This has been a challenging week for me. Trying to deal with life and all that, understand where I am, where I am going, a lot of pondering, burning through all kinds of brain power… The result – I came to the big realization, that I am not omniscient. Not even close. In fact, I don’t even know everything about what I do know. This is a hard position for a Type-A achiever like me, however, it can be good… really. See, when you can really assimilate that line of thinking, it can be freeing.
This whole thing came to a head for me after visiting a friend in the hospital. He’s going through it, but is fighting the good fight. After spending time with him and his wife, both talking and praying with him, another friend, Dave, and I had the chance to talk about the whole experience. We’ve seen miracles happen before, but trying to 1) explain the mechanics behind them (you can’t) and 2) replicate them (again, you can’t) can really mess with your head.
Why can’t it just happen this time like it did last time? What is God’s plan in this?
This is when the bargaining comes in. God, if you do this, just think about how many people will believe in You. Just think about what his testimony would be… as if God needed puny old me to defend Him.
Does this mean I am an advocate of blind faith? No, not the way that people generally look at it. True faith is a response to something or someone. Where you may not understand the details, you do know that the thing or the person is reliable enough to warrant trusting in. Kind of like gravity… I can’t see it, or touch it, or really understand it at all, but I know that I am not jumping off of any high buildings with no parachute, cuz gravity says that I will go splat if I do. What do I know about gravity? Only that it works. And for me, that’s good enough. For now…
In the flurry of tweets that run across my smartphone, every once in a while one will catch my eye. The latest that has been sticking with me is this Socrates quote:
I am the wisest man alive, for I know one thing, and that is that I know nothing
When I first saw it, I rejected it, cuz, well, I consider myself a pretty smart man. I’ve read, and studied, and know things. Plus, a lot of church teaching says that faith is “knowing that you know that you know”, so for me to know nothing would equate to a lack of faith. But in considering this, I think Socrates was really onto something. Proverbs 9:9 says “give instruction to a wise man, and he will be yet wiser. Teach a just man and he will increase in learning. When we think we know it all, there is nothing else to know, but a wise man (or woman) will realize that even with all that they know, they have only scratched the surface of what there is to know about anything. So truly wise people reject the notion that they are omniscient, that they have a corner on the market for knowledge, and take the path of being lifelong learners.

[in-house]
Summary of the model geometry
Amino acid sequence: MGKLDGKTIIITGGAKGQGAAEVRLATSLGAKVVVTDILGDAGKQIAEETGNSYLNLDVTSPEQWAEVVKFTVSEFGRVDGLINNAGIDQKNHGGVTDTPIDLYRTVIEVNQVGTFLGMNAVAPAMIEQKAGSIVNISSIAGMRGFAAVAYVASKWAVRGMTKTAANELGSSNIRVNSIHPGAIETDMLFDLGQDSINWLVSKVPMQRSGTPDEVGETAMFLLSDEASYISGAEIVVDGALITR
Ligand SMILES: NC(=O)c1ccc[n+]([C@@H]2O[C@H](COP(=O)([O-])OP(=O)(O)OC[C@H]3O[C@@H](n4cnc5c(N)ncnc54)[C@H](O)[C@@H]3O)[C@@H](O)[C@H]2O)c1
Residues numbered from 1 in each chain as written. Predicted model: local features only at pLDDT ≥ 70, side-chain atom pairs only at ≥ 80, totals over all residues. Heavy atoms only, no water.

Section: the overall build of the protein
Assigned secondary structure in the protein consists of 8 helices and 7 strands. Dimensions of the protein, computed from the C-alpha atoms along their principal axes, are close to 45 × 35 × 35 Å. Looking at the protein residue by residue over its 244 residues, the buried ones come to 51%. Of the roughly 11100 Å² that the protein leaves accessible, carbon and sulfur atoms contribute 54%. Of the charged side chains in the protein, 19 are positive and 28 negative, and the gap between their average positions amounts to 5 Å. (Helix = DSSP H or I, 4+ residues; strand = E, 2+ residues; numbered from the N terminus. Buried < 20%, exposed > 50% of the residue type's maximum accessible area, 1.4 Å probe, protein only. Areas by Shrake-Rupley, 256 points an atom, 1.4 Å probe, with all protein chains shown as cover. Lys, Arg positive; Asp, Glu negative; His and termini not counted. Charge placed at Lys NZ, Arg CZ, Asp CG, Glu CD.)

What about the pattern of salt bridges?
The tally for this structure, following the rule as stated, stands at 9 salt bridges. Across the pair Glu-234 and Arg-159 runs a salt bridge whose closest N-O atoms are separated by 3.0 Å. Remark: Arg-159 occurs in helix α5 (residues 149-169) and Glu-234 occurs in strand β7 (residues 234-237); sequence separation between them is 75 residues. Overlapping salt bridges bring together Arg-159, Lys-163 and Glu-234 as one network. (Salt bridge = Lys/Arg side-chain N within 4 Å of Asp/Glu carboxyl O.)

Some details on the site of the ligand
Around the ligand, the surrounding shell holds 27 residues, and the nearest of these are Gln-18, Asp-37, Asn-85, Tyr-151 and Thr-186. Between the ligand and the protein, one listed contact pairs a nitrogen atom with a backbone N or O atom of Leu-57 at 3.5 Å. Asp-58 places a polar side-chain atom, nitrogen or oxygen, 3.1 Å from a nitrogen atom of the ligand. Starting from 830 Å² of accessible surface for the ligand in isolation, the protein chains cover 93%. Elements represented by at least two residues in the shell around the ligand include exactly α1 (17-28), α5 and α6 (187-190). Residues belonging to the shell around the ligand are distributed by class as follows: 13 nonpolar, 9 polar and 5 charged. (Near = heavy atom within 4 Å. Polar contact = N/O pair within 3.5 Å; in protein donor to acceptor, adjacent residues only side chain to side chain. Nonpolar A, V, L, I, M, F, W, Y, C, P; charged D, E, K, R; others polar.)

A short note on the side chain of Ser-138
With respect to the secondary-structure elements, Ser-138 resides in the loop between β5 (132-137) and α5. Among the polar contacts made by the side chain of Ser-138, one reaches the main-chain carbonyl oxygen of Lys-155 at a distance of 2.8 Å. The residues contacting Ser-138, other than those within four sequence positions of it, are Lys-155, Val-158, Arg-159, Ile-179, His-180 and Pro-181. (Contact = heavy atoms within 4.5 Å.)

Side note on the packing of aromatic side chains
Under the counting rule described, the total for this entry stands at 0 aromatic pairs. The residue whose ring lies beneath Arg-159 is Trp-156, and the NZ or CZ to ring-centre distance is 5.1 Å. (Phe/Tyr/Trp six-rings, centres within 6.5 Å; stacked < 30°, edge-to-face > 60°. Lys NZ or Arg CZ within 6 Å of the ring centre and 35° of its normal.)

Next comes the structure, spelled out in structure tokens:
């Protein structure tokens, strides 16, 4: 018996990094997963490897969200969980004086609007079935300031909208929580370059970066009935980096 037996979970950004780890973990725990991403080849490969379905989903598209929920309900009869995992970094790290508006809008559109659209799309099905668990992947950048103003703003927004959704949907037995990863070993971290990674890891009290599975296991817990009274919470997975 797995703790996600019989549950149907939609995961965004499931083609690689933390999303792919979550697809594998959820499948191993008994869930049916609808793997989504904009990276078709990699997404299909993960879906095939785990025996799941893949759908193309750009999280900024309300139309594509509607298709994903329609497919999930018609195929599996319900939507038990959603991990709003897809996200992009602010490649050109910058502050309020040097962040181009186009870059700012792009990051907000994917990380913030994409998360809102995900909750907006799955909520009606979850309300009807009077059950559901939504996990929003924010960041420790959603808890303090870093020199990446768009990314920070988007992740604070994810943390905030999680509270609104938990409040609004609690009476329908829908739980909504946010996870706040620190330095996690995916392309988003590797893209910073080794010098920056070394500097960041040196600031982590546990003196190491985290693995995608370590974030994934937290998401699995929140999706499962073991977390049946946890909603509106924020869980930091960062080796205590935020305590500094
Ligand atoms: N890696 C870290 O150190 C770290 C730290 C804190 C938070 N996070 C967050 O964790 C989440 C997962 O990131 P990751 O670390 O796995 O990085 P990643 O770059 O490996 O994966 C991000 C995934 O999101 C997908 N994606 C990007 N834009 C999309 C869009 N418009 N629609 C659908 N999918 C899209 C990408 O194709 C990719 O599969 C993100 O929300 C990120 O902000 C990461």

If Socrates wasn’t enough, my good friend J wrote an entire post about our interactions with people, and the totally freeing attitude we should have, admitting that we don’t know what they are going through. I have thought about the post, my reactions with people, and the all too easy tendency to create their reality for them. I had dinner with an old high school friend of mine tonight, and we not only reminisced about old times, but we got pretty deep about some very hard times in our lives – times when we really could have been there for each other, but something prevented us from reaching out. We each had this idea of each other that wasn’t really true (not a bad idea, but an idea nonetheless), and had we taken a wiser (as in, “I don’t know enough about him, but I am willing to learn”) approach, we would have found that what we thought or feared really had no merit.
I want to be wise. Socrates-style. I want to be ever learning, keeping my brain young and spongy. I want to be free enough to not create other’s reality for them, but to give them space to allow me into theirs, and them into mine. That is where the real magic happens… want proof? Read C. Fassett’s experience detailed in J’s post. I won’t give it away, but I’ll tell you, I was struck by the miracle that happened in that encounter.
Oh, and my friend in the hospital? Yes, miracles did happen. Not because we needed to prove God. Truthfully, I don’t know why they happened. I’m just glad they did. And for me, that’s good enough. For now…
To read more from C. Fassett, visit http://wingsandarrows.blogspot.com/
and from J. Clement Wall, visit http://zebrasounds.net/